Sunday, December 15, 2019

Rubens and "Manon"

I was changing after a class at the Y Friday and said to a friend, "I'm on my way to the AGO to see Rubens - a bunch of corpulent naked women," and she said, "Why go to the AGO? Just look around you!"


Two viewings of great classical art this weekend, invited by friends, as both are things I would almost certainly not have been to on my own. Friday afternoon, the early Rubens exhibition at the AGO with Ruth. Have to say - have never been much of a Rubens fan and am still not. He had a marvellous life as a very successful artist whose second wife was 16-years old, but he's not for me.  Lovely to sit in the elegant members' lounge, though, for a cappucino and dessert.

Ruth's beautiful essay that she read at So True, about her husband Eric's death and her subsequent widowhood after 57 years of marriage, has been accepted by CBC's the Sunday Edition; she's taping next week, so she came over today for a rehearsal. What an inspiration she is.

Yesterday, in the pouring rain, to the Met on film with Eleanor - one of the great treats of our modern age, sitting in a cinema watching opera singers so close-up, you can see their tonsils. It was Manon by Massenet, and we both concluded it's really not a great opera, in fact, even more ridiculous than most, with event after event completely defying belief. BUT the leads were stupendous. Lisette Oropesa, an American with Cuban parents, was made for the role, and her co-star Michael Fabiano was magnificent also. It was very long, four hours with two intermissions, during the first of which El and I are our picnic lunch. If the singing hadn't been so good, I would have left after the second intermission. But the singing was exceptional. And when we did get out, it was still raining.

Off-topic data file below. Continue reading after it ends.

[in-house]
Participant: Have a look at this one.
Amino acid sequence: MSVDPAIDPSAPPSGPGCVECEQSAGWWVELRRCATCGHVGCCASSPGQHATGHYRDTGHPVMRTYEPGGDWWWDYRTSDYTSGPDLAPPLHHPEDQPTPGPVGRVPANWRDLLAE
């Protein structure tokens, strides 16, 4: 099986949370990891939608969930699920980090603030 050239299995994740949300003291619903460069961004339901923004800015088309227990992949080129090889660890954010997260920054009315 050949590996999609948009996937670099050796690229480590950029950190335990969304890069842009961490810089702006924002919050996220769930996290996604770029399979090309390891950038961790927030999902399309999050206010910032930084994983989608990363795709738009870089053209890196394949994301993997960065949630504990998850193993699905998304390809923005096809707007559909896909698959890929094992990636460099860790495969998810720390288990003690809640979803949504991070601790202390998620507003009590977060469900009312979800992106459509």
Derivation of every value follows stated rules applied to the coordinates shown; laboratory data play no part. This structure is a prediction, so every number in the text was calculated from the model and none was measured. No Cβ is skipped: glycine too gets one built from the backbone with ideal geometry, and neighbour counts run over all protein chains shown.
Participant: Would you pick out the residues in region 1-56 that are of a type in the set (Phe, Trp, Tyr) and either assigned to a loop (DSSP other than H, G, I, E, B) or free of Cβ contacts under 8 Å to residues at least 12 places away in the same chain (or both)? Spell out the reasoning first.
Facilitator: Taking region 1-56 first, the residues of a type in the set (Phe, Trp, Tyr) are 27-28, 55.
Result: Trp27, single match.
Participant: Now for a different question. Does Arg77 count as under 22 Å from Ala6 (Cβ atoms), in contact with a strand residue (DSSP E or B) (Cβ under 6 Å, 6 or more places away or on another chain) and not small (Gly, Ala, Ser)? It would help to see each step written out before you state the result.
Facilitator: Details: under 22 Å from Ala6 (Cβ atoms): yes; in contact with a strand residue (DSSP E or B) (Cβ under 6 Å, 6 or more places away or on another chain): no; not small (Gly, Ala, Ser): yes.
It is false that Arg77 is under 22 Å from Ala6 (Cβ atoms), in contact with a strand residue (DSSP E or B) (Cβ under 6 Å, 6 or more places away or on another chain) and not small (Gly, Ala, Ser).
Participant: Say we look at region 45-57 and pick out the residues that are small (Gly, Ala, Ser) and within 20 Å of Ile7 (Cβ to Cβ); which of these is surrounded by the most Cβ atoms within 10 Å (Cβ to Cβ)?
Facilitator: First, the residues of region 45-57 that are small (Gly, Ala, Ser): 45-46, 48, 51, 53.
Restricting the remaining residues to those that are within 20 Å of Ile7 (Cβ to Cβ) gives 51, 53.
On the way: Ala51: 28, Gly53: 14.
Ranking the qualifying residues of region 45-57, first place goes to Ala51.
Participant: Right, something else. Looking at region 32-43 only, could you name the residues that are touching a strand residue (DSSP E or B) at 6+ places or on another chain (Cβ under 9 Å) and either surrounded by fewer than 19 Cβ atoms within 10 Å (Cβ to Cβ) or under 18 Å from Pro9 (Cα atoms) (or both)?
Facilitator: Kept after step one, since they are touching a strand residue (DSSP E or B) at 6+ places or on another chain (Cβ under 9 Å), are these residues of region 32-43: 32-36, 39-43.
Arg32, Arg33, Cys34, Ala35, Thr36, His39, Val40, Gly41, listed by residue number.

In between all this, I've almost finished my binge of season three of "The Crown." Except for the slow and rather dull episode about Philip's mid-life crisis triggered by the American moon landing, I'm finding each episode gripping, powerful, beautifully written and produced. Just a stellar piece of art, all round. Who knew Anne was so feisty and tough? We feel sorry for shy hesitant Charles, for his mother who'd love to work with horses and is trapped in a job she doesn't want, for his bully of a father whose own mother was crazy and neglectful. A profound act of empathy, the writing here.

Was just listening to Eleanor's radio show - haunting interviews about Primo Levi, the brilliant Italian writer and survivor of the Holocaust - when there was a huge crash. A picture fell off the north wall of my dining room, the wall adjoining my northern neighbours, and smashed and with it lots of the Fiestaware inherited from Great-aunt Helen. Ah well.
Today's lesson: ask my neighbours to let me know if they're doing something to their south wall. Also, do not get attached to material things. Done.

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